Bigheaded carps risk assessment findings announced
MAISRC researchers have announced the findings of the Minnesota Bigheaded Carps Risk Assessment. It was found that of the four watersheds examined, the Minnesota River-Mankato watershed is most at risk from bigheaded carps.
For each watershed, researchers estimated the likelihood that bigheaded carps would establish and assessed the resulting severity of impacts on game fish, non-game fish, species diversity/ecosystem resilience, and recreation quality (from the silver carp jumping hazard).
Overall, the risk varied greatly, depending on the watershed and potential adverse effect considered. The severity of impact was likely to be higher for species diversity/ecosystem resilience and recreation quality.
These findings support the need for a timely and reasoned response to the threats posed by bigheaded carps. Specific implications include:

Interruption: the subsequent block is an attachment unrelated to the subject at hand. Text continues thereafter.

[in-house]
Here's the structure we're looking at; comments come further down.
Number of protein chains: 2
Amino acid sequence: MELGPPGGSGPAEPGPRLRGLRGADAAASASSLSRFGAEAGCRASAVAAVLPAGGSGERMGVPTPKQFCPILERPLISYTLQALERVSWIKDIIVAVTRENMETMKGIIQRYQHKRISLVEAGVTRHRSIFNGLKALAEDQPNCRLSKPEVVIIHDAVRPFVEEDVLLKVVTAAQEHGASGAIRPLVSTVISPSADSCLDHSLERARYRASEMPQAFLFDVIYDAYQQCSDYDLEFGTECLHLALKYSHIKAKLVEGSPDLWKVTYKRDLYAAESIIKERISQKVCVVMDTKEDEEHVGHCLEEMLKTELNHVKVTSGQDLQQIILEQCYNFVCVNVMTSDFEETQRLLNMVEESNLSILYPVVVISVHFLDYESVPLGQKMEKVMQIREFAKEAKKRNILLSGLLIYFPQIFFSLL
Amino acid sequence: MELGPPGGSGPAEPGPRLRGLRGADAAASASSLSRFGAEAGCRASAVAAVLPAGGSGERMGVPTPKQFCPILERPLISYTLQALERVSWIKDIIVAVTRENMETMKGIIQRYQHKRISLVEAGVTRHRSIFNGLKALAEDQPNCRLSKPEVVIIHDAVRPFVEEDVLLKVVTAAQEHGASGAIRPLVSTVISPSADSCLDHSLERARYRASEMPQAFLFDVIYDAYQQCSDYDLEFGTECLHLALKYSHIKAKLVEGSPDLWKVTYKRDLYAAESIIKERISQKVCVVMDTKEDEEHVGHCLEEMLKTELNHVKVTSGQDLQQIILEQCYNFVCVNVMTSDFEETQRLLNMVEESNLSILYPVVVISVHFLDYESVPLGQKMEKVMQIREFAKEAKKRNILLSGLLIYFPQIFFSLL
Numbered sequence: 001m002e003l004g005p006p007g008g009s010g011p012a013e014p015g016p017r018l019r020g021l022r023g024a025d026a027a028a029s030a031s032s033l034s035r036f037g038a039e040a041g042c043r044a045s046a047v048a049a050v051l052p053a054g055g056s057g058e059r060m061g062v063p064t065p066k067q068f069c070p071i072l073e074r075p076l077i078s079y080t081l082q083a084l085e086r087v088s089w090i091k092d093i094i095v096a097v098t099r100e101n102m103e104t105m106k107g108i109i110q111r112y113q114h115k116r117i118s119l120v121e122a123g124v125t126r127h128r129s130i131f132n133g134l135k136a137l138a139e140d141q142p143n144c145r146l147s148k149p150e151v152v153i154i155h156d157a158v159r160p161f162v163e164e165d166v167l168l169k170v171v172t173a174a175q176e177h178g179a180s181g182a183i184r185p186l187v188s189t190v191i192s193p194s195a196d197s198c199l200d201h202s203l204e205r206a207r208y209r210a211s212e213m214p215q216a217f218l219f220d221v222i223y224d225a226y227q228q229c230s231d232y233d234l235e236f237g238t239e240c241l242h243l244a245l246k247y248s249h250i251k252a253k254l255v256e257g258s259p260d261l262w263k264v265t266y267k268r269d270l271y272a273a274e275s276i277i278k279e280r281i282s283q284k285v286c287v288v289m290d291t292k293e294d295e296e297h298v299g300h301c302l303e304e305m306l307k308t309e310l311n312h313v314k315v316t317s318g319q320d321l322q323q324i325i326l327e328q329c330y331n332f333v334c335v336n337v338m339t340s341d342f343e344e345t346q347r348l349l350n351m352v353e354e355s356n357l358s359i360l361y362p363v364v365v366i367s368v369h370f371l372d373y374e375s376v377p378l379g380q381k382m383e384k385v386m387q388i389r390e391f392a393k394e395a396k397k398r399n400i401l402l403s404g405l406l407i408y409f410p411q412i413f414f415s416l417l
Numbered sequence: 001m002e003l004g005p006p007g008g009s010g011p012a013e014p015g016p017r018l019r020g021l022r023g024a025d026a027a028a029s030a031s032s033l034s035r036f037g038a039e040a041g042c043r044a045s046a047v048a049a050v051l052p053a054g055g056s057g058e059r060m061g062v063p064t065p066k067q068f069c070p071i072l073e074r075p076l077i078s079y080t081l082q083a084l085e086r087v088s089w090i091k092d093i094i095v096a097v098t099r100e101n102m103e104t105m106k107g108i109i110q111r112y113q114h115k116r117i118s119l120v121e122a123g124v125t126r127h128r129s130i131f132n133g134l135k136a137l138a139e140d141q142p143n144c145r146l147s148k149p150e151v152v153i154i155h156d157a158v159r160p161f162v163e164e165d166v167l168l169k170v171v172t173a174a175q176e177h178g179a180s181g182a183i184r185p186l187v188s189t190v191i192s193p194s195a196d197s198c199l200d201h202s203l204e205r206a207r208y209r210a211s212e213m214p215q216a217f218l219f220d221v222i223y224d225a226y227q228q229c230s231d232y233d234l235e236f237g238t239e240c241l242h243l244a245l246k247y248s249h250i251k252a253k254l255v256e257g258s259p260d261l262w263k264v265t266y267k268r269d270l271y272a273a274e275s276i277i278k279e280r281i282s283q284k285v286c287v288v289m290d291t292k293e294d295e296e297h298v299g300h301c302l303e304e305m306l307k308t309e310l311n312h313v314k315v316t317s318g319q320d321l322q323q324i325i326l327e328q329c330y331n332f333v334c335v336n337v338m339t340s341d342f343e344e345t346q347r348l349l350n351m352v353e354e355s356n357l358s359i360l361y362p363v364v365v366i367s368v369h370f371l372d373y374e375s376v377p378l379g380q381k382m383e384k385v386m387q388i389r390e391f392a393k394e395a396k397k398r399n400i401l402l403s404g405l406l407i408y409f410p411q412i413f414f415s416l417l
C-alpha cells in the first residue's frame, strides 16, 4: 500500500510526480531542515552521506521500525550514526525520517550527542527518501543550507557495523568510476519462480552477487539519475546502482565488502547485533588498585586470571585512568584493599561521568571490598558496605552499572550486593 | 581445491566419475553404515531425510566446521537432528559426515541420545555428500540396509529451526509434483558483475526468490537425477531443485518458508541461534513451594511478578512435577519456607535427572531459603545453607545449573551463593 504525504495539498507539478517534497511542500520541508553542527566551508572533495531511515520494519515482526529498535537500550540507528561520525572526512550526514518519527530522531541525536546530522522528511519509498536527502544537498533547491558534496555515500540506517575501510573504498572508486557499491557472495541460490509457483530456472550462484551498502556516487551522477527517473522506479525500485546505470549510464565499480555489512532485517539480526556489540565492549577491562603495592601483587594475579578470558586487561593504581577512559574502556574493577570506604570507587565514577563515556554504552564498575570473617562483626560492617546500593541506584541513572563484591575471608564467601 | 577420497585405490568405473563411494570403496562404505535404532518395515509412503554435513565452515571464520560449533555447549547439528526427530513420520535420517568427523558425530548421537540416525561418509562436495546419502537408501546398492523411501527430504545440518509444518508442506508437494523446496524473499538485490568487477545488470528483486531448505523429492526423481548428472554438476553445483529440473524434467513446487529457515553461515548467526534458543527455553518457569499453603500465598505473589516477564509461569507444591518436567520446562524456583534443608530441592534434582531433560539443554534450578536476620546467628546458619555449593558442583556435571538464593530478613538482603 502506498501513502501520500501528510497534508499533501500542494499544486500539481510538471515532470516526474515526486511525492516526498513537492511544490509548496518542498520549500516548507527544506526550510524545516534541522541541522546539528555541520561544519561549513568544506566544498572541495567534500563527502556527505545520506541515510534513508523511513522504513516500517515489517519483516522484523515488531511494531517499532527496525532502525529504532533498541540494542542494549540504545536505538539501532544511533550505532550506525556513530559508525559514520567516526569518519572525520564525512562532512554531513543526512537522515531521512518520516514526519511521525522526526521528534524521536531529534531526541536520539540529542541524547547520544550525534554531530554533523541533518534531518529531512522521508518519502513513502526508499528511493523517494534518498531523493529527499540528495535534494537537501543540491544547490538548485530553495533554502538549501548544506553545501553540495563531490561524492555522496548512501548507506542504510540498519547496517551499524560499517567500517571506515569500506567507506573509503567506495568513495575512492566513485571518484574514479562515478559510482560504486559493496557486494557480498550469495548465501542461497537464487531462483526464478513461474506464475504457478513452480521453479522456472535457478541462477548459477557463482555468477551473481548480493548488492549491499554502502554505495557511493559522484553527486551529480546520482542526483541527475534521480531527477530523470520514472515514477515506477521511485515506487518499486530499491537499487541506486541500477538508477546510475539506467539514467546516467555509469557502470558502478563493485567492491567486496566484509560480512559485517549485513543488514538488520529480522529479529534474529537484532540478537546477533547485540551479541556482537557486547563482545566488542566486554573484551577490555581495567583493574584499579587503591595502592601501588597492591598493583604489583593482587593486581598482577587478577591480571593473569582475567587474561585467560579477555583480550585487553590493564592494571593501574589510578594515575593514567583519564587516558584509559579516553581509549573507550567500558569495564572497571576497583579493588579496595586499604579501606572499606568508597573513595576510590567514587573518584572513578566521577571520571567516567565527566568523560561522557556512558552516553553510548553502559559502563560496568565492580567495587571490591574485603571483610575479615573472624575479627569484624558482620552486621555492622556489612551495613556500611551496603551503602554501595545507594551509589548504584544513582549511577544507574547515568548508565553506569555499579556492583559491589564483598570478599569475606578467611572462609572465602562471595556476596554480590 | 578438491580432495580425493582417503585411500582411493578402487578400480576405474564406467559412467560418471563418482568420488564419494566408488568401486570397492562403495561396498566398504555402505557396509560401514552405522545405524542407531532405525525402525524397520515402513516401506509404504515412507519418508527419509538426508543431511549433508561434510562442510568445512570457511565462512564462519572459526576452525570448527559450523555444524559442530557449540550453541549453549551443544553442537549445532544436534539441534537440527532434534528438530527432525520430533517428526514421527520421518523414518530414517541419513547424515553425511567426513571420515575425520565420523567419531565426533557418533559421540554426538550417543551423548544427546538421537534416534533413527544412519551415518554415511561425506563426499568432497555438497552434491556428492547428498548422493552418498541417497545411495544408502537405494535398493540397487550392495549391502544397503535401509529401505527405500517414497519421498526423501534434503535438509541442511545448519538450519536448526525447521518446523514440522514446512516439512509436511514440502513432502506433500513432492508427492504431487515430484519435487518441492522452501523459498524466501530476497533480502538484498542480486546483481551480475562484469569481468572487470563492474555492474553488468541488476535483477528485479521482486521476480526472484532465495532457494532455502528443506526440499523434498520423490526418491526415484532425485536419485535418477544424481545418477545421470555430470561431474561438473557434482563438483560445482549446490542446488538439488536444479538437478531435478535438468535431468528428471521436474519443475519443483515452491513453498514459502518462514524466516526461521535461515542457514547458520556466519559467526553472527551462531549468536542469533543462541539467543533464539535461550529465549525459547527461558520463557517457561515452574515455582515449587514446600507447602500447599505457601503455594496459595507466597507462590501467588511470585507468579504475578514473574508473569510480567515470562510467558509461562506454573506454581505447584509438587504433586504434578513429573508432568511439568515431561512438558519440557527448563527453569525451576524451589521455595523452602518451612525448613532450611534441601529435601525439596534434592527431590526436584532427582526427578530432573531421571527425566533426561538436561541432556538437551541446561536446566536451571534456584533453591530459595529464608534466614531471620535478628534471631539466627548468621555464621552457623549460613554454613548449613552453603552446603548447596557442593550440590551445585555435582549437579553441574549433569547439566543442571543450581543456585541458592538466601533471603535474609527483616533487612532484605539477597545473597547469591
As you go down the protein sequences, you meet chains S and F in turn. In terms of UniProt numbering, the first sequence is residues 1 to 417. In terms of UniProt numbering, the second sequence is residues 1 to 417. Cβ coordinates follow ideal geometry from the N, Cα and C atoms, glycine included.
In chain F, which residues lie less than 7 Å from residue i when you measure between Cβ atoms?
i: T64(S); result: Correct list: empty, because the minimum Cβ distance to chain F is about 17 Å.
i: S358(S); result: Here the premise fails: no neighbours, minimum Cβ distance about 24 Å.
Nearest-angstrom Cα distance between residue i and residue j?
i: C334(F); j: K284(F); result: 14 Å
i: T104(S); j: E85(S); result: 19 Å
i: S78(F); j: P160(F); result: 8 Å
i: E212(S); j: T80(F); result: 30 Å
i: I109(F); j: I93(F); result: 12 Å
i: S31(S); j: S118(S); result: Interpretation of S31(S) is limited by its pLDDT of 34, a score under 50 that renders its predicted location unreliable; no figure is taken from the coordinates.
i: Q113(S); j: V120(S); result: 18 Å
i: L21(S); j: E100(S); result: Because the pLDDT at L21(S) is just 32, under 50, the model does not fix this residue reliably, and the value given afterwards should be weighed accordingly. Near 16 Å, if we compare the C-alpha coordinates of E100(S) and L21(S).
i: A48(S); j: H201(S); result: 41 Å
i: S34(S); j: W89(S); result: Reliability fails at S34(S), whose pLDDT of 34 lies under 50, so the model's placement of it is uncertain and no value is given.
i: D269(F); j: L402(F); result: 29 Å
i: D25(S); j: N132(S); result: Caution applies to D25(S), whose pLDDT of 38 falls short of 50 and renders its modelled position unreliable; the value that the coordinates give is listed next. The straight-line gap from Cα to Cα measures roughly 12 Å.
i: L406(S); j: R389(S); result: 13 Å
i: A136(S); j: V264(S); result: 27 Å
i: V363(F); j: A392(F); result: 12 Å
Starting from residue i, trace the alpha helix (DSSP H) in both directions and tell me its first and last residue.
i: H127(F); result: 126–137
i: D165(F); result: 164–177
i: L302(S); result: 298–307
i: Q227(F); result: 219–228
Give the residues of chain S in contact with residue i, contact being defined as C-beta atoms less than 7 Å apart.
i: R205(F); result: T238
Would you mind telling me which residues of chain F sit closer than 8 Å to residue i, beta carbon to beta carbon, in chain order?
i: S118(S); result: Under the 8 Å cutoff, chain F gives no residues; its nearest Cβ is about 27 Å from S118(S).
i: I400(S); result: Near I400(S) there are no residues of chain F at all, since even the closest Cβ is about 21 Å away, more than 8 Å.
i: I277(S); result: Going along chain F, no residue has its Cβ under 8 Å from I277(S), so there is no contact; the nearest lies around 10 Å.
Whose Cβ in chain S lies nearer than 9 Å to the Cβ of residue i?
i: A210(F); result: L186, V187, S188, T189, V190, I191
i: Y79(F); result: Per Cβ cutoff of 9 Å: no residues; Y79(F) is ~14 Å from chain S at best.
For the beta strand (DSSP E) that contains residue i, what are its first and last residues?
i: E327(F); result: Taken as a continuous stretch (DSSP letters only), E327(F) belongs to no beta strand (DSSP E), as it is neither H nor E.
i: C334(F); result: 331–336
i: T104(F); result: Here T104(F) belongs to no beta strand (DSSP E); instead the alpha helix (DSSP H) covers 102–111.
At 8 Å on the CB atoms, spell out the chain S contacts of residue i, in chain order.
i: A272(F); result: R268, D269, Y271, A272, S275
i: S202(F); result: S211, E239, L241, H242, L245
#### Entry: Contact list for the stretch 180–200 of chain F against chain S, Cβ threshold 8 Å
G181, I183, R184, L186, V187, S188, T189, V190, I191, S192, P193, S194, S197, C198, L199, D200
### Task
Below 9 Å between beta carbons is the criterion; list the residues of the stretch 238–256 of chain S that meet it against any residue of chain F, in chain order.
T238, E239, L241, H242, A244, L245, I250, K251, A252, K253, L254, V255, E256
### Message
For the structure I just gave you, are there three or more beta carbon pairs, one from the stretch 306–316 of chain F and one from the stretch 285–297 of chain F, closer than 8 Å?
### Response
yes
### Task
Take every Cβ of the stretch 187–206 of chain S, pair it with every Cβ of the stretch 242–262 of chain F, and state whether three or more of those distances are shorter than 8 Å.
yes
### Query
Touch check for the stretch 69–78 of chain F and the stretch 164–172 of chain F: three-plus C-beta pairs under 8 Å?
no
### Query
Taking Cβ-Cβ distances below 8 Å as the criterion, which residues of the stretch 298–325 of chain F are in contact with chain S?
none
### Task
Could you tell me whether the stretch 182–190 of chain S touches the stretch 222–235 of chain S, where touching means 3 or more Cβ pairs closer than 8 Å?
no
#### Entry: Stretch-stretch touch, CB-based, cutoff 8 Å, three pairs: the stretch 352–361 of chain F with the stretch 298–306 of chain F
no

- Management should be prioritized for the Minnesota River-Mankato and the Lower St. Croix River watersheds
- Potential management actions need to be evaluated to ensure that any collateral damage to native species is less harmful than the invasion would be
- Strengthening native ecosystems is encouraged to offset impacts of bigheaded carps
Project leaders Dr. Dave Andow and Dr. Adam Kokotovich hosted a workshop to discuss these findings and their implications. Approximately 50 people attended, including representatives from state and federal agencies, local units of government, and stakeholder groups. Through small and large group discussions, participants provided feedback on the draft risk assessment report and discussed the management implications of the risk assessment. Feedback from this meeting was used to inform the final version of the report, which is now available. Read the final report here.